mon 21/09/2020

Barber Shop Chronicles, National Theatre at Home review - still lively after all these years | reviews, news & interviews

Barber Shop Chronicles, National Theatre at Home review - still lively after all these years

Barber Shop Chronicles, National Theatre at Home review - still lively after all these years

Barbershop banter and the place it occupies in black male identity

A boisterous whirlwind of a productionMarc Brenner

Barber shops – as we are all starting to appreciate in this time of lockdown – fulfil an emotional as much as a cosmetic role: having a haircut can represent a new beginning, a moment for reflection, or even an informal confessional.

Barber shops – as we are all starting to appreciate in this time of lockdown – fulfil an emotional as much as a cosmetic role: having a haircut can represent a new beginning, a moment for reflection, or even an informal confessional. As the hugely successful Barber Shop Chronicles becomes the latest high-profile National Theatre production to be streamed online, audiences are invited to listen to the dreams, confessions and arguments of black men for whom the barber is also a sanctuary.

It’s the playwright himself, Inua Ellams, who describes the barber shop as a “safe, sacred space where [British] black men can go to relax, escape racism and talk freely with no fear of being stopped, questioned or moved on by the police”. To write the play, he went to six different cities – Lagos, Accra, Kampala, Johannesburg and Harare as well as London’s Peckham – to witness the cut and thrust of barbershop banter and the place it occupies in black male identity.

It’s no small irony that Bijan Sheibani’s lively whirlwind of a production kicks off with the performers singing along to Skepta’s grime hit Shutdown. From this kick-ass opening we segue quickly into a scene in which a man called Wallace (Hammed Animashaun) is hammering on a Lagos hairdresser’s door at 6 in the morning shrieking “Help Me. Emergency”.

Cyril Nri in 'Barber Shop Chronicles' The emergency, it transpires, is that he needs a haircut. But the comedy is underscored by the more serious fact that as one of Lagos’s many unemployed (currently Nigeria’s unemployment rate is 23.1 per cent of the work force) he is penniless and desperate to get a job as a driver. When he bolts at the end of his haircut without paying, his story will become one of the many threads of Ellams’ boisterous and provocative narrative. Over the next one hour and forty-five minutes we will see the poor and the affluent, the straightforward and the corrupt, the furious and the easygoing take their seats and reveal the innermost workings of their hearts against the buzz of the clippers. 

Rae Smith’s fluid design fills the stage with an array of chairs which can be spun quickly into new formations as the production flits from country to country. One moment we are in Nigeria listening to a rant about the divisions between the impoverished North and the wealthy South, the next we are in Uganda talking about the oppression of the gay population. Comedy and tragedy intertwine throughout. At one point a character riffs preposterously on the pros and cons of dating white women as opposed to black women, at another point the discussion revolves around the fact that while the Holocaust killed 6 million, slavery killed 30 million.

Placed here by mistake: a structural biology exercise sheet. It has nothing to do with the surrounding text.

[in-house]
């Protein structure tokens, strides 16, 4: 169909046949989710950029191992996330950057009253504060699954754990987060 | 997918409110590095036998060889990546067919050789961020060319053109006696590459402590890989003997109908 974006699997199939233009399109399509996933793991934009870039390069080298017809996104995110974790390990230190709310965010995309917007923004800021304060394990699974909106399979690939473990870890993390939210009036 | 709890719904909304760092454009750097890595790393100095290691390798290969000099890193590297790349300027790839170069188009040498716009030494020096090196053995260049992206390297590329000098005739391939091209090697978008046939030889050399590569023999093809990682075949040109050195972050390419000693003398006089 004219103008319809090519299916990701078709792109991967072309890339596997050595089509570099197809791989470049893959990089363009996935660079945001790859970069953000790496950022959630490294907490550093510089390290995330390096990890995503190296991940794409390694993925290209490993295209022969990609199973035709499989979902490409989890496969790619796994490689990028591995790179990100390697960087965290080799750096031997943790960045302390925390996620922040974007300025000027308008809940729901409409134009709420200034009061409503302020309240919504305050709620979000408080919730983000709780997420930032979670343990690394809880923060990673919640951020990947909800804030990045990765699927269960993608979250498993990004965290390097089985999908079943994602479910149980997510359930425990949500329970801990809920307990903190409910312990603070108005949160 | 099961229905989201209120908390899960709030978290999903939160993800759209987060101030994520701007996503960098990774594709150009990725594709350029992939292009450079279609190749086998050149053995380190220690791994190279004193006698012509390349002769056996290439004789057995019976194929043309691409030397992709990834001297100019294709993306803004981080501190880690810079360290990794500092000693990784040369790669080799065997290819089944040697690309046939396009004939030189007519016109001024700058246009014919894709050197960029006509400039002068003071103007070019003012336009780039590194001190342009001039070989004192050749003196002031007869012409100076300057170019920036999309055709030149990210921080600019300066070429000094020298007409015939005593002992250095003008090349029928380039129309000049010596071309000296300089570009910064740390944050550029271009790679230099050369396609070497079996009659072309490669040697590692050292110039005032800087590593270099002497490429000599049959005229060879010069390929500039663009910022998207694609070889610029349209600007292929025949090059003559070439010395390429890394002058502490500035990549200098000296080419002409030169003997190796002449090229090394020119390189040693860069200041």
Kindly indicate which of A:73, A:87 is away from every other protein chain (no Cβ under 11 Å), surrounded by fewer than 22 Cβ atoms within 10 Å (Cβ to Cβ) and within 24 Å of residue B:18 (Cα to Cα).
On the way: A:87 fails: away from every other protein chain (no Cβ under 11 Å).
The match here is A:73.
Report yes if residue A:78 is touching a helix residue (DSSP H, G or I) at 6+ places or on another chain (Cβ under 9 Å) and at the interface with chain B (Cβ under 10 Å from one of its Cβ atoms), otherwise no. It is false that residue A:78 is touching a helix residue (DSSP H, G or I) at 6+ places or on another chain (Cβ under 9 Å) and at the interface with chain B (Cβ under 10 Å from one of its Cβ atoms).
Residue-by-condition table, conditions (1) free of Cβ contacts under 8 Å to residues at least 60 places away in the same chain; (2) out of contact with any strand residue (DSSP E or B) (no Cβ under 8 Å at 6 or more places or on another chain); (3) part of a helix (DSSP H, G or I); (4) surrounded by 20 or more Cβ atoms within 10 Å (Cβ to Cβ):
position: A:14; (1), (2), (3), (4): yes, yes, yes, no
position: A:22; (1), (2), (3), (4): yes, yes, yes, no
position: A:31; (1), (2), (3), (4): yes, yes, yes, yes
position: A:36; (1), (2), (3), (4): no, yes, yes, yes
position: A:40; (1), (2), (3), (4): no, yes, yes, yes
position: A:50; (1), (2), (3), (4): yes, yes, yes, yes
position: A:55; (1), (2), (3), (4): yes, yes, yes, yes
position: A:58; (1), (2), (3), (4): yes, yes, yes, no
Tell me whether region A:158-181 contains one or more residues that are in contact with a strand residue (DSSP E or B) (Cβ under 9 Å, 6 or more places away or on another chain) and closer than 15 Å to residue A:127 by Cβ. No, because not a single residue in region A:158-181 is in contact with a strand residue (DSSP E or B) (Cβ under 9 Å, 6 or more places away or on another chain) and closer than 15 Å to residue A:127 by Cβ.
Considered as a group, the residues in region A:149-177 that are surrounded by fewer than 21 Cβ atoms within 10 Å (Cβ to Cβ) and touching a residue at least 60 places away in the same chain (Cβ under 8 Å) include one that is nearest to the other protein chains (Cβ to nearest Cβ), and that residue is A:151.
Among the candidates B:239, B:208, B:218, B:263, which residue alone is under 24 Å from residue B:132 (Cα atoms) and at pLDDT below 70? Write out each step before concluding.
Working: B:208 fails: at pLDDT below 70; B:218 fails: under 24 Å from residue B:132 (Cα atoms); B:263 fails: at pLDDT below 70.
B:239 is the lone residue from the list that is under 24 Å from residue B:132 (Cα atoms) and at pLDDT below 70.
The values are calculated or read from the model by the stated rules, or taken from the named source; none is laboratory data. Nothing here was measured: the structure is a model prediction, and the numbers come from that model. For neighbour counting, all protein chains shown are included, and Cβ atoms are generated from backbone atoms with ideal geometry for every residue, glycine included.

As the evening progresses – interspersed with music and dance interludes that include a routine where the dancers wheel around the stage on barber shop chairs – certain threads become more and more prominent. One recurring theme is that of domestic violence, another is the different ways of asserting identity through language (all the African countries featured are anglophone). The central narrative thread is that all the conversations are taking place on the day of a big football match between Barcelona and Chelsea. We eavesdrop on most characters before whirling on, though dramatic tension is stoked throughout by a dispute between Fisayo Akinade’s intense, troubled Samuel and Cyril Nri’s conflicted Emmanuel, Samuel’s employer (Nri is pictured above). 

The vibrancy and humanity of this production come through in its online version, though it also makes you hunger to be there in the crowd. The noise and energy of the dance, the staccato irreverence of the banter, that sense of the multiple lives thronging through cities evoke the pre-Covid world all too vividly.

It’s yet another reminder that the compelling articulation of stories is the lifeblood of any culture, and the National Theatre (who co-commissioned this with Fuel) remains - if you'll excuse the pun - on the cutting edge of shaping the narratives of our time. Where William Blake saw a world in a grain of sand, Ellams shows it through several strands of hair, perhaps proving en route that – as a very different writer put it – “Hair is everything”.

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